machine learning class

Another one of these incredibly interesting online classes came to an end. Machine learning was one of the first two classes that started last fall. As I thought to make AI and ML in parallel would be too much, I decided for AI with the intention to make ML later. The second round of ML was announced for January, but actually started in April. Andrew Ng from Stanford, who some people call a rock star in ML, thought the class. The videos were longer than what I was used to, and I downloaded them to my Android to watch them in the train to work. The homework consisted of review questions and work assignments for octave. The last time I did something with MatLab was more than ten years ago, and I remembered nothing of it.

The class started with gradient descent and logistic regression. And almost everything that followed was compared against and related to them.

I had some prior experience in ML, but no formal training. At TCG I learned the basics from a co worker. Then I implemented a document classification engine using an SVM. I read many books on the topic. Later I develpoed a prediction system for good days and locations for paragliding, again using an SVM as well as an evolutionary optimization.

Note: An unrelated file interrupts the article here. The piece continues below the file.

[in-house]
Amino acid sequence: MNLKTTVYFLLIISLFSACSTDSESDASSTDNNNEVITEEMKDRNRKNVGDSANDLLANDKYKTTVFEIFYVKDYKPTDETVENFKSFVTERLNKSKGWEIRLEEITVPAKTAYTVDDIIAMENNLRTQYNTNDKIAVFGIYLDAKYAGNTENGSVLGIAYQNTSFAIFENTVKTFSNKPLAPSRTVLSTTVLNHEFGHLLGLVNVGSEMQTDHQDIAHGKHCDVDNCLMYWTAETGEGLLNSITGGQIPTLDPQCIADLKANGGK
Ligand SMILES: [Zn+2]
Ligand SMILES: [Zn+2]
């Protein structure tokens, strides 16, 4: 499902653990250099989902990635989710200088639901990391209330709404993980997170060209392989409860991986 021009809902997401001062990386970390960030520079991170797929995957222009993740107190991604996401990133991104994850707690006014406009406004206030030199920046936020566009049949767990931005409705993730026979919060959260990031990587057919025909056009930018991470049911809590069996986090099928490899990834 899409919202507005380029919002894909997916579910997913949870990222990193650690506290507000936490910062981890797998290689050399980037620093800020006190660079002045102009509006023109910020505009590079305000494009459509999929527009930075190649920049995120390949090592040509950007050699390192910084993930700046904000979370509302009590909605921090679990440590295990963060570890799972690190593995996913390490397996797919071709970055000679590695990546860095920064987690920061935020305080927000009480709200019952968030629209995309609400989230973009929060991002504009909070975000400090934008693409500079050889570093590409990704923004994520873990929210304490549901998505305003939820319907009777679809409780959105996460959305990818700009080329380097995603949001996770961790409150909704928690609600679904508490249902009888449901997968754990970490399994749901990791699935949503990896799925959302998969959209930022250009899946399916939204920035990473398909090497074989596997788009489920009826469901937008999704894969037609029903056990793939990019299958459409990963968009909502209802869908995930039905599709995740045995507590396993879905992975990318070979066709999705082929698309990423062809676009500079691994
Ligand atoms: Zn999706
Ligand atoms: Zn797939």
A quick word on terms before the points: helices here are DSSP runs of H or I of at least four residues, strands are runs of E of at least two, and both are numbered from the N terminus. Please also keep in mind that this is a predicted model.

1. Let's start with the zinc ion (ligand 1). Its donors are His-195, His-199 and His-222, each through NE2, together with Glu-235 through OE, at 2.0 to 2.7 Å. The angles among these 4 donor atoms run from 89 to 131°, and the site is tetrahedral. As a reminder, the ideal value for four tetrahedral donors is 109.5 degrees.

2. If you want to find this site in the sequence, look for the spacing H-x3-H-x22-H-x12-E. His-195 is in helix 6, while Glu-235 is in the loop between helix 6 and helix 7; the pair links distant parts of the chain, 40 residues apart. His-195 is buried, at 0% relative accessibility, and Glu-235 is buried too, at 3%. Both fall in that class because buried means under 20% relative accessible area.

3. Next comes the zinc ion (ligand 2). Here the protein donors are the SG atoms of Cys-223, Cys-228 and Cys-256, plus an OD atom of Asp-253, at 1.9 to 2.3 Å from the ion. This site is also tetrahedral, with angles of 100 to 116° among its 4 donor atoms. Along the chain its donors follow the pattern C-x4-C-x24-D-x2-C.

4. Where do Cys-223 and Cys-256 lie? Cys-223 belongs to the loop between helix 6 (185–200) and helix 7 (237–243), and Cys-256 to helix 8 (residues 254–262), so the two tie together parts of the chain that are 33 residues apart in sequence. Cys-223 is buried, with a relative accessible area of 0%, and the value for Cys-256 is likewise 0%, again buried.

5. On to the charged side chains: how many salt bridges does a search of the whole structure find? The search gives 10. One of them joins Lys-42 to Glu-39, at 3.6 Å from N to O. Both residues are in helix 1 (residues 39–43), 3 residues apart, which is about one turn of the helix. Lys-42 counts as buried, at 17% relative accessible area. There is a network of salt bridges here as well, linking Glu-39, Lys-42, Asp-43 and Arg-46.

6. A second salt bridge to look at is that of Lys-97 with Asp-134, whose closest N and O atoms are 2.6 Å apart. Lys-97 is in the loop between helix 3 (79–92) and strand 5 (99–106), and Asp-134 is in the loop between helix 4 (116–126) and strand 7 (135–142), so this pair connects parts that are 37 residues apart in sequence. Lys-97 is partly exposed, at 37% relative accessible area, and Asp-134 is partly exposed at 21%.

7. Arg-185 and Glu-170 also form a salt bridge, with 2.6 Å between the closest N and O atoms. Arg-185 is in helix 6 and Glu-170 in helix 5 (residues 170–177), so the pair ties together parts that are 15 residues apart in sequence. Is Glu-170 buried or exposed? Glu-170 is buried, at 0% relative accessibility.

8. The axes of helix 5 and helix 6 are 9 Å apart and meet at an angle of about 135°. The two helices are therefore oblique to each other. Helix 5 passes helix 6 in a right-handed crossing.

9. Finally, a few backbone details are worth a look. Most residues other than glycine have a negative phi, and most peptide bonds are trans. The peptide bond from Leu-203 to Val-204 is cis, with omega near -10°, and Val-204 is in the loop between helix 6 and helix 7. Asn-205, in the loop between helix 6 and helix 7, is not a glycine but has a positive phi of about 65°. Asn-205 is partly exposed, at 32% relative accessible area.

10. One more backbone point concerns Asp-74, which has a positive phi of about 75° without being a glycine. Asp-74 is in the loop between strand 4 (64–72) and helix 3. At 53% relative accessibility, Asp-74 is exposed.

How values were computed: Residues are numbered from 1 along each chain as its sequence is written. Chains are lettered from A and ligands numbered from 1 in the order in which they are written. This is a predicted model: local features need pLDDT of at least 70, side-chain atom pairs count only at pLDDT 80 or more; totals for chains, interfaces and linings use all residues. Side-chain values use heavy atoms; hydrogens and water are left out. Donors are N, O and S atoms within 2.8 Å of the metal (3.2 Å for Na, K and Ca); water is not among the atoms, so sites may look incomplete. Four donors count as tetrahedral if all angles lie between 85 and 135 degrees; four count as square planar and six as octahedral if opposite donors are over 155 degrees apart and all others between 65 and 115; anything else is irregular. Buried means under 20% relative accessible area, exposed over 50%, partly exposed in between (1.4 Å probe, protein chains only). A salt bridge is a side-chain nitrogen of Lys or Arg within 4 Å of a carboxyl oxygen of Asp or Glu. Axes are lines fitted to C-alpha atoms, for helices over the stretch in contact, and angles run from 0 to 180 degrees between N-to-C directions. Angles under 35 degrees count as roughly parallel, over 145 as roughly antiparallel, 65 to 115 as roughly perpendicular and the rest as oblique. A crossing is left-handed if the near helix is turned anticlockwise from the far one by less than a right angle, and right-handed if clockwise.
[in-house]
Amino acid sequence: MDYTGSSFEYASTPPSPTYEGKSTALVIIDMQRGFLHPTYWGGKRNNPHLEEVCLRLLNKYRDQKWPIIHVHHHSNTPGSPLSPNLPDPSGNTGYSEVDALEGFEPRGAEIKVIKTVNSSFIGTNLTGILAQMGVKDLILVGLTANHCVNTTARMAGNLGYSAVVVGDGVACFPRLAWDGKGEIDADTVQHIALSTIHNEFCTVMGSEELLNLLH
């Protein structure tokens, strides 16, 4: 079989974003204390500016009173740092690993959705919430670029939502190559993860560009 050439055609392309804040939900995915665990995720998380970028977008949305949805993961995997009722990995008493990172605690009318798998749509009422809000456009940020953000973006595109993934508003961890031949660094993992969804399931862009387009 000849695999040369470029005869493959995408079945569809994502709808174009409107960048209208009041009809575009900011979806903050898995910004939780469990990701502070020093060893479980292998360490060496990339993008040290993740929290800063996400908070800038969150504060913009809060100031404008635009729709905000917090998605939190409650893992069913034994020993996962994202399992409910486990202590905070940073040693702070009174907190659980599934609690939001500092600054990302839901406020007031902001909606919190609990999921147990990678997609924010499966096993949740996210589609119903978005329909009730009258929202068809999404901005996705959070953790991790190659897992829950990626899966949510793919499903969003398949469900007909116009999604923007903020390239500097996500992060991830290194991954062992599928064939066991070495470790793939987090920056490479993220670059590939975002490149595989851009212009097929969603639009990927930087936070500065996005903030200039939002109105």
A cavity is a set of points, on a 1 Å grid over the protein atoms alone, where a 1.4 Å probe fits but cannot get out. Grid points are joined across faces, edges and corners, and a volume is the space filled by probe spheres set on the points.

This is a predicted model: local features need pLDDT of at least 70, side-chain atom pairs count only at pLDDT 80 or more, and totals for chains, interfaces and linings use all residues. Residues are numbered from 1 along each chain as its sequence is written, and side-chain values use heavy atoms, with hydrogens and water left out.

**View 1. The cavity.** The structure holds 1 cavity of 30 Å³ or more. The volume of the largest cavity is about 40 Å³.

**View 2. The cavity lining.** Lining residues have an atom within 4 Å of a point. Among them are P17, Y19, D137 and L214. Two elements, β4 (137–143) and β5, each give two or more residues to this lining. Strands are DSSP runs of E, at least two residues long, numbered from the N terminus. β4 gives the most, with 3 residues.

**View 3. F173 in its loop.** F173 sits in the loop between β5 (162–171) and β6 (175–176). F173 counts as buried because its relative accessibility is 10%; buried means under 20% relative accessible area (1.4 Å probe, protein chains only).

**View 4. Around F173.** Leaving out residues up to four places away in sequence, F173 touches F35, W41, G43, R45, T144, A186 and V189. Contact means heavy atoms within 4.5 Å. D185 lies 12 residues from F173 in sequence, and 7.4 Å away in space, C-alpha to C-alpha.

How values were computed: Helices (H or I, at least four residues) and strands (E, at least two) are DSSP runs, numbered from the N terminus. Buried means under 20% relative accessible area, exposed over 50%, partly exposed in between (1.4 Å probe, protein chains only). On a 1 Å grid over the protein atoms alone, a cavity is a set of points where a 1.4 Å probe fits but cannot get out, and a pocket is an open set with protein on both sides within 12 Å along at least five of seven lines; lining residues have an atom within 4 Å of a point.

The flightpred system was designed in a modular fasion, so that I could plug other learning algorithms to experiment with. I always wanted to experiment with Neural Networks, and from all my reading I understood how they worked, but didn’t know where to start actually implementing. NN’s were covered in the class, and we implemented it with octave. So, when I find the time, I’ll add it to the flightpred system.

My goal in reading all the ML books was that I would fully understand and be able to implement Support Vector Machines. SVM’s were covered in the class, but also only from the user’s perspective. I gained a better understanding, but still I wouldn’t be able to implement one myself. The math behind it just too involved.

Then we learned about topics that I didn’t even think about in advance, or thought they wouldn’t be as interesting as they were presented in the class. These include : clustering, dimensionality reduction, anomality detection as well as recommender systems. And it’s also worth mentioning that the general advice on how to analyze problems and where to invest further effort is very valuable.

I can highly recommend the coursera machine learning class to anyone interested in ML.

This week I could already make use at work of the newly earned knowledge of octave. I had an intermediary XML file of which I was not sure it the vertex positions it contained were valid. With some grep/sed/octave magic, I had the answer in no time:

find . -name '*.xml' | xargs grep -h '<p>' | sed -e "s/[<]p[>]//g" -e "s/[<].p[>]//g" -e "s/[<]p.name.*[>]//g" > puppe.mat

octave --eval 'xyz = load("puppe.mat"); plot3(xyz(:,1),xyz(:,2),xyz (:,3)); print -dpng puppe.png;'

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